Geelong play a methodical brand of footy at times, and it is vitally important for them to be confident that should they turn it over, they have a structure in place behind the footy to cover them, and with the blokes I named above, plus defensive on-ballers (in this case Brandan Parfitt) getting back to help out, Chris Scott would be pretty pleased with just how well this defensive unit worked together in this one.
NO CAMERON? NO ROHAN? NO WORRIES
The Cats came into this game with two of their three-headed monster missing. This should have allowed Luke Ryan to zone off and crash into every Tom Hawkins contest inside 50.
And yet, that was not the case.
The reason for that was a midfielder that has proven he can go forward and hit the scoreboard meaningfully, and that’s exactly what he did in this one.
Patrick Dangerfield became the perfect second option for the dominant Hawkins, drawing the fire of Luke Ryan to allow Hawkins a clean run at several contests. The big man delivered, notching four goals for the game, and Danger was not far behind, with three.
Dangerfield forward is a bit of a sore point for some supporters, with memories of the third quarter against the Tigers, booth in the 2020 decider and the 2019 Preliminary Final still a little raw, but as much as Cats fans lament the sight of Danger plonked in a forward pocket as Richmond took control, there is a method to the Chris Scott madness. In times of trouble, Danger can provide the path to safety.
With the return of Cameron and Rohan, the expectation in 2021 will be that Dangerfield plays where he is best-suited, and that is in the guts. However, if there comes a time, and Chris Scott is looking for something a little more potent from his forwards, could he pull the trigger and throw his champion inside forward fifty in the finals again?
And if the Cats make the big dance, will he have the guts to do it again on the biggest stage?
ONE SOUR POINT
I hate staging.
Hate it with a passion. Below, if you choose to read on, I’ll outline how it has impacted the way Michael Walters is perceived by both supporters and umpires, but in terms of the Cats, there is one moment that Shaun Higgins would like to have back.
In an age where we’re taking head injuries seriously and the AFL is cracking down on all forms of head trauma, to try to milk a free kick for a dangerous tackle that wasn’t dangerous is a pretty low act. You’re putting the heat on the umpire, and possibly even setting up the opposition player for a report.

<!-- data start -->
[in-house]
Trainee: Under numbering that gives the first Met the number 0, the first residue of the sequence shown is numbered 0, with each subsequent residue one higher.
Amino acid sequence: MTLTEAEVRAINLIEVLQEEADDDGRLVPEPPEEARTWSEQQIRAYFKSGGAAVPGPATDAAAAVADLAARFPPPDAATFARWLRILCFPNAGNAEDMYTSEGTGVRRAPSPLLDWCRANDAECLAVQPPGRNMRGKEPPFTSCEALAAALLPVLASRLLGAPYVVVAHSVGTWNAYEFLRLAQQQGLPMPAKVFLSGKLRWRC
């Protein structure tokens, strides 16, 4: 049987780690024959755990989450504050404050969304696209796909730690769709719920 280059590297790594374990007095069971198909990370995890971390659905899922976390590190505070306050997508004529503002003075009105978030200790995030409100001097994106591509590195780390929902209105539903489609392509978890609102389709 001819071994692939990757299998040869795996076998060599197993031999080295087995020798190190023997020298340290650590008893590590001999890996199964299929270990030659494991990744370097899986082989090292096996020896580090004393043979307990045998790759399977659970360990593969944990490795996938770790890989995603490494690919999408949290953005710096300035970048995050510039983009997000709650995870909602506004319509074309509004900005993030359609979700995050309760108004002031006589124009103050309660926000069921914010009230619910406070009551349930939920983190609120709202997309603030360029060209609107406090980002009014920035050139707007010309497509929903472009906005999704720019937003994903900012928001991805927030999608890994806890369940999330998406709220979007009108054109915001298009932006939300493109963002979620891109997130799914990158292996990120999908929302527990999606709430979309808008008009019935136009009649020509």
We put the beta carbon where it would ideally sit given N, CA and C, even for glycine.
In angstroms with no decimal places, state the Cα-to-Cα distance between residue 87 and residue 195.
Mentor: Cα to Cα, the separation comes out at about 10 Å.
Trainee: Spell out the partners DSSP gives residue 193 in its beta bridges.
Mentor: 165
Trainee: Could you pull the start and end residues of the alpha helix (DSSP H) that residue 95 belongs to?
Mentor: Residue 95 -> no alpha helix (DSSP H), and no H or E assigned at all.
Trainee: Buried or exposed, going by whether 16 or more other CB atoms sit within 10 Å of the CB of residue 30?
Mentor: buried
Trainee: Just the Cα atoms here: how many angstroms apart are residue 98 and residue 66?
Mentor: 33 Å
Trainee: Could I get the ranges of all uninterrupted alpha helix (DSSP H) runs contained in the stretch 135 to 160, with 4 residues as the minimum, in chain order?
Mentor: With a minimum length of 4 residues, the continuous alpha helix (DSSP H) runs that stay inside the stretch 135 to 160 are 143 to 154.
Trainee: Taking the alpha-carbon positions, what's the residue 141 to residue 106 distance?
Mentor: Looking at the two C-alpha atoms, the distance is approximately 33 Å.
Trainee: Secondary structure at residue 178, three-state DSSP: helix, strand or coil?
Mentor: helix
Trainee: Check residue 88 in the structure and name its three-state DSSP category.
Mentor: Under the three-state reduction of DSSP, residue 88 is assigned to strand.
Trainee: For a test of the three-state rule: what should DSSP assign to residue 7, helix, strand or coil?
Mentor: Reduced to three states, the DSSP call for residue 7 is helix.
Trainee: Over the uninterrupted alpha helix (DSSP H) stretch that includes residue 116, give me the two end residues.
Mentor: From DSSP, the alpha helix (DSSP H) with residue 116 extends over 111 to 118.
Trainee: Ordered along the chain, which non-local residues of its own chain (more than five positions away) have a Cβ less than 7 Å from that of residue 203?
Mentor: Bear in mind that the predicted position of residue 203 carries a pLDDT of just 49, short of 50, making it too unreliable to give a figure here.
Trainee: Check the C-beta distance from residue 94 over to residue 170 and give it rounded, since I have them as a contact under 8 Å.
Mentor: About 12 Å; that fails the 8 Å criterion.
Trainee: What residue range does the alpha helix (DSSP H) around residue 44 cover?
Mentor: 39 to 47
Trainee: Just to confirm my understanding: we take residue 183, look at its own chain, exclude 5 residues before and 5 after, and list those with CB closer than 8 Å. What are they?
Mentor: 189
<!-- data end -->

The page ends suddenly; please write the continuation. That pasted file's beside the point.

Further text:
In the second quarter, Higgins was caught by Luke Ryan and whipped to the ground. Yes, it was a hard tackle (tee hee), but Ryan did everything he could to prevent Higgins from being injured. So, what did Higgins do?
He pretended to be hurt so he could win a free kick.
Guys, this is as bad as anything Joe Daniher has been smashed for doing. Higgins is a veteran of the game and should know better, particularly given how he actually copped a pretty significant blow to the head a couple of years back – remember that one? It was nasty.
We want to see a game where players tackle hard but fair, and that’s what Luke Ryan did. To see Higgins clutch at his head in a weak attempt to draw a free kick… I screwed up my nose at that action. It is completely against everything our game stands for, or should stand for. It was weak, it was underhanded, and really, it is below a player the standing of Higgins.
I am not one to wish punishment on a player, but if they’re going to ping players for staging in one aspect of the game, they should ping Higgins for this one. It was crap.
Righto, let’s not bullshit one another – there were no positives coming out of this game. None at all.
The midfield was smashed, the forwards blanketed, and the defence looked in disarray, continually caught out and unable to provide support poor bloody Alex Pearce who needed a third man to come in and help as he wrestled Tom Hawkins.
That said, there were some things that stood out more than others. And as weird as my suggestions may sound, screw it – they can’t result in anything worse than what we saw in this game. Let’s try to be a little creative with it and hopefully you get something to think about rather than just doom and gloom.
But there’ll still be doom and gloom – fair warning.
NAT FYFE AS A HALF BACK?
And here’s where I lose you, right? Gimme a chance.
This season alone, we have seen two club captains forego their preferred roles to “take one for the team” in a sense.
At North Melbourne, Jack Ziebell moved from the forward role he played over the last couple of seasons to defence, and after a rocky start, attempting to hold up North Melbourne defence that was falling apart, he has emerged as a quality intercept/rebound player in the second half of 2021.